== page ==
Why is this relevant?

It is relevant to show that games are an evolving medium and how they are perceived is not a static interpretation. Today’s computer games are increasingly being seen as educational tools but there are still a lot of people with the earlier viewpoint that computer games are nothing more than entertainment. Furthermore, the audience for computer games are evolving just as much as the medium itself is evolving.

Which leads me to my central premise: games are a medium that is malleable both by those that make them and those that play them. How a game is perceived is influenced by both those who envision them in the first place and by those those that play them after they are made.

A game can be defined by its time or it can be redefined over time. A computer game that exemplifies both of these qualities is: Postal - a first person shooter game that was first released in 1997 but has been “updated” and “remastered” as recently as today. Originally, critics said that this game was flawed and trivialization was cited as an issue.

Yet, the game explores and expresses concepts and ideas that are so compelling and forceful that people are revisiting and reinterpreting the game over and over.

CCG has been among the leaders in pushing the definition of a game forward and it is one of the reasons I have loyalty as a consumer. At the same time, I have been seeing an orthodoxy emerge in its developmental process that threatens their position as a leader in game publication.

A choice given to an individual does not define its options one way or another. How those options are defined is an interpretive quality and it should be acknowledged as such. To say providing a choice defines its options as comparable is limiting at best and and often self-fulfilling.

Choices sometimes are not comparable and if presented as such, then they can become trivialized. Yet, if these same choices are presented properly (as non-comparable) instead of trivial, these choices become: powerful, flexible and impactful.

Construction of choices in a game is only comparable if they are designed to be comparable. This is a game design decision or execution not an inherit property.

Properties of games are never inherent.


I don’t think games are inherently trivializing, but I think some topics are ones that have to be done extraordinarily carefully. It’s far too easy for a game (or any other form of storytelling, but we’re talking games at the moment) to present things in a shallow and superficial light, which would trivialize these things.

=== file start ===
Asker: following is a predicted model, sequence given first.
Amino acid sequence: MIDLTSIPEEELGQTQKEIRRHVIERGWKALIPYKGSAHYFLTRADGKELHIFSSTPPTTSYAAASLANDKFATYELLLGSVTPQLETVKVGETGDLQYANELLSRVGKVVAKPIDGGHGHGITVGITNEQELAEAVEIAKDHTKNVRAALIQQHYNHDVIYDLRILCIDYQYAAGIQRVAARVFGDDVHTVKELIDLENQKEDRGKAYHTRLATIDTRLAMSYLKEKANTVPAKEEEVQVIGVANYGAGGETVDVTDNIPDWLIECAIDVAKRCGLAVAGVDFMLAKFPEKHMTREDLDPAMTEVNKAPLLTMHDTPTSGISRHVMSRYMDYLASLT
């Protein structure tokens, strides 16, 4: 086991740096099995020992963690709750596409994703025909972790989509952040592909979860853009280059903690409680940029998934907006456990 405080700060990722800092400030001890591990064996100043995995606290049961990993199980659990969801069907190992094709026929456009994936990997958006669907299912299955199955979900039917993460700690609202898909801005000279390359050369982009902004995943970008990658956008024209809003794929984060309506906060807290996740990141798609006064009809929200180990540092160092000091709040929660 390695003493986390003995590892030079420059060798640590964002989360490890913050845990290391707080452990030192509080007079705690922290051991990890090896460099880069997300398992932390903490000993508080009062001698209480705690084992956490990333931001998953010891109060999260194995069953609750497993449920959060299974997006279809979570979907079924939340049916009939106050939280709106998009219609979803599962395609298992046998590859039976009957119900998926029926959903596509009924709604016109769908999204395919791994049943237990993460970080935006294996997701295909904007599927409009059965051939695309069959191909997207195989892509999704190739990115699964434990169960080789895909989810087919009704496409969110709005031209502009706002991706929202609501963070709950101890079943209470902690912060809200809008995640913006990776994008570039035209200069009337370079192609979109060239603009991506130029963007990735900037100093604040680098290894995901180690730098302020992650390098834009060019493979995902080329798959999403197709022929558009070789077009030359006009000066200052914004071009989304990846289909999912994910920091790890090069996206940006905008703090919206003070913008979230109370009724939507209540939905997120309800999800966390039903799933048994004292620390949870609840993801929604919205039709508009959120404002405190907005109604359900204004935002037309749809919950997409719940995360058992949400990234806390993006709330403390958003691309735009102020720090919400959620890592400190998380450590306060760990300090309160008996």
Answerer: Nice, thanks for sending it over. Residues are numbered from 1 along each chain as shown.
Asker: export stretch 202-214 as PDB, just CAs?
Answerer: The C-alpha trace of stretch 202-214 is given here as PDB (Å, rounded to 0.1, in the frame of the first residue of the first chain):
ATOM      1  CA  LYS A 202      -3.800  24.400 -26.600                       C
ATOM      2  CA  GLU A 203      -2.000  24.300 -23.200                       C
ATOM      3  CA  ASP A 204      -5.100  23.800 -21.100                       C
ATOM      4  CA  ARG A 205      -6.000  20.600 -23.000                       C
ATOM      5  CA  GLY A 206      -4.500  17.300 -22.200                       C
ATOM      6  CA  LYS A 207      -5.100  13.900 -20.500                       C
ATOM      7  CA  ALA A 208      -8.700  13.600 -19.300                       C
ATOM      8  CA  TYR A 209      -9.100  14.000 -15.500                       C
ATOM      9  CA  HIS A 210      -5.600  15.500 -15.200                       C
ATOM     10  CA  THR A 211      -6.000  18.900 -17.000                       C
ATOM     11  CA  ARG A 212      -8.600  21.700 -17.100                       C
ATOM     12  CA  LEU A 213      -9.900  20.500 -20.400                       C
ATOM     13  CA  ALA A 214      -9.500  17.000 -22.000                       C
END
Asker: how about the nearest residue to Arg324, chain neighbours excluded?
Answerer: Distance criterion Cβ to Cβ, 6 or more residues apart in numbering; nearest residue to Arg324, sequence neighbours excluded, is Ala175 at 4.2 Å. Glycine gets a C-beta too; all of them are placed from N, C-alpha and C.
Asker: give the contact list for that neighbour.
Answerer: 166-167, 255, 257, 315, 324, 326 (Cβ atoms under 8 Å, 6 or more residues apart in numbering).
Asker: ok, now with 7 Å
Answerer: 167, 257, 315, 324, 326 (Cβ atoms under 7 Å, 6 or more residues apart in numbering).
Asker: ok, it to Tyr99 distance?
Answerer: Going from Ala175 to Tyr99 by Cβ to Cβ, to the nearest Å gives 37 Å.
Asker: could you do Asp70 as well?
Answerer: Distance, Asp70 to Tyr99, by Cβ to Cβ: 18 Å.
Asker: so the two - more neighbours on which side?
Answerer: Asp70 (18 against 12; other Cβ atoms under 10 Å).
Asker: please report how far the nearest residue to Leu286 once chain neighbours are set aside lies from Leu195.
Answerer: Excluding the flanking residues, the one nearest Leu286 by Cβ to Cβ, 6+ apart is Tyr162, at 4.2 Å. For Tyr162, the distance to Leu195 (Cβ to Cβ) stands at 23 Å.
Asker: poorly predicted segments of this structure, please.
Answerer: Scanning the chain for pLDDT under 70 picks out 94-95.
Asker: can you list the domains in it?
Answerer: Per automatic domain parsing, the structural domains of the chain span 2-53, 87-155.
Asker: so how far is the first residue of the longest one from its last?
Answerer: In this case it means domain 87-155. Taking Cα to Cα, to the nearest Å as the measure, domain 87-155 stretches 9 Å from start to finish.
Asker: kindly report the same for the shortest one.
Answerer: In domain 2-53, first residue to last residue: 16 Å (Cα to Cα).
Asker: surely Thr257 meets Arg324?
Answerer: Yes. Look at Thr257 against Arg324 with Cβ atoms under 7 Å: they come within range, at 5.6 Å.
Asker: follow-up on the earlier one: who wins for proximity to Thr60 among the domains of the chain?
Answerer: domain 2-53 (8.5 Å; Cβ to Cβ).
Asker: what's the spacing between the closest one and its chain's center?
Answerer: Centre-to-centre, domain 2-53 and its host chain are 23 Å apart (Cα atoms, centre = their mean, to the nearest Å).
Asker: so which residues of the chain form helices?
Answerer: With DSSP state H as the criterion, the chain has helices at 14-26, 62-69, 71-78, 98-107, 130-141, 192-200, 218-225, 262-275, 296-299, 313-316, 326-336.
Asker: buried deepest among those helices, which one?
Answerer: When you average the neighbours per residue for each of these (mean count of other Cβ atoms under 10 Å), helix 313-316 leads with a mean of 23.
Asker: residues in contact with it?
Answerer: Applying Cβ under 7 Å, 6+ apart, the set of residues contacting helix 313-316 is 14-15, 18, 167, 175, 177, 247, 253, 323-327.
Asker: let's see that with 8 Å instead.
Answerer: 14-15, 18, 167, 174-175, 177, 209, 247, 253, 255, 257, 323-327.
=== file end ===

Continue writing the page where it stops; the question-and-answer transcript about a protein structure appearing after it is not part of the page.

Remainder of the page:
That bothers me more than the issue of presenting it as a choice - it doesn’t mean very much to (for example) flog a sailor to death in Choice of Broadsides because the presentation never immerses you enough in what’s going on for you to feel that you just ordered someone to die.

This isn’t the place to talk about how good or bad Choice of Broadsides is, but it’s a good example of something that I’m sure was meant to make me the player feel I’d done something shocking that didn’t, on its own weight, do very much there. “Well, he’s dead. Guess the crew won’t like that.” isn’t the kind of reaction that would emphasize that you(r character) has blood on his/her hands for no good reason.

And that’s not very appealing as a reader, simply for the fact it lessens the story.

Just my first impression, as far as this goes.


Tin Star in general wasn’t a game where one was asked often how one’s character felt about events—perhaps in the opening scene, but not much afterwards, I didn’t think. Which was fine with me.

However, in the scenes in question (warning! nasty description of murders and genocide follows) You can murder natives who were just talking to you. Yiska looks on, and is broken. In another scene, you can be responsible for the genocide of an entire tribe. The game didn’t spell it out, although some of the characters did—Families are lying dead in the dirt, who were shot just walking along. Children’s bloody bodies lie mangled on the ground. That is all my MC’s fault. All of it. It almost makes it worse to me that I’m not hanged for my crimes.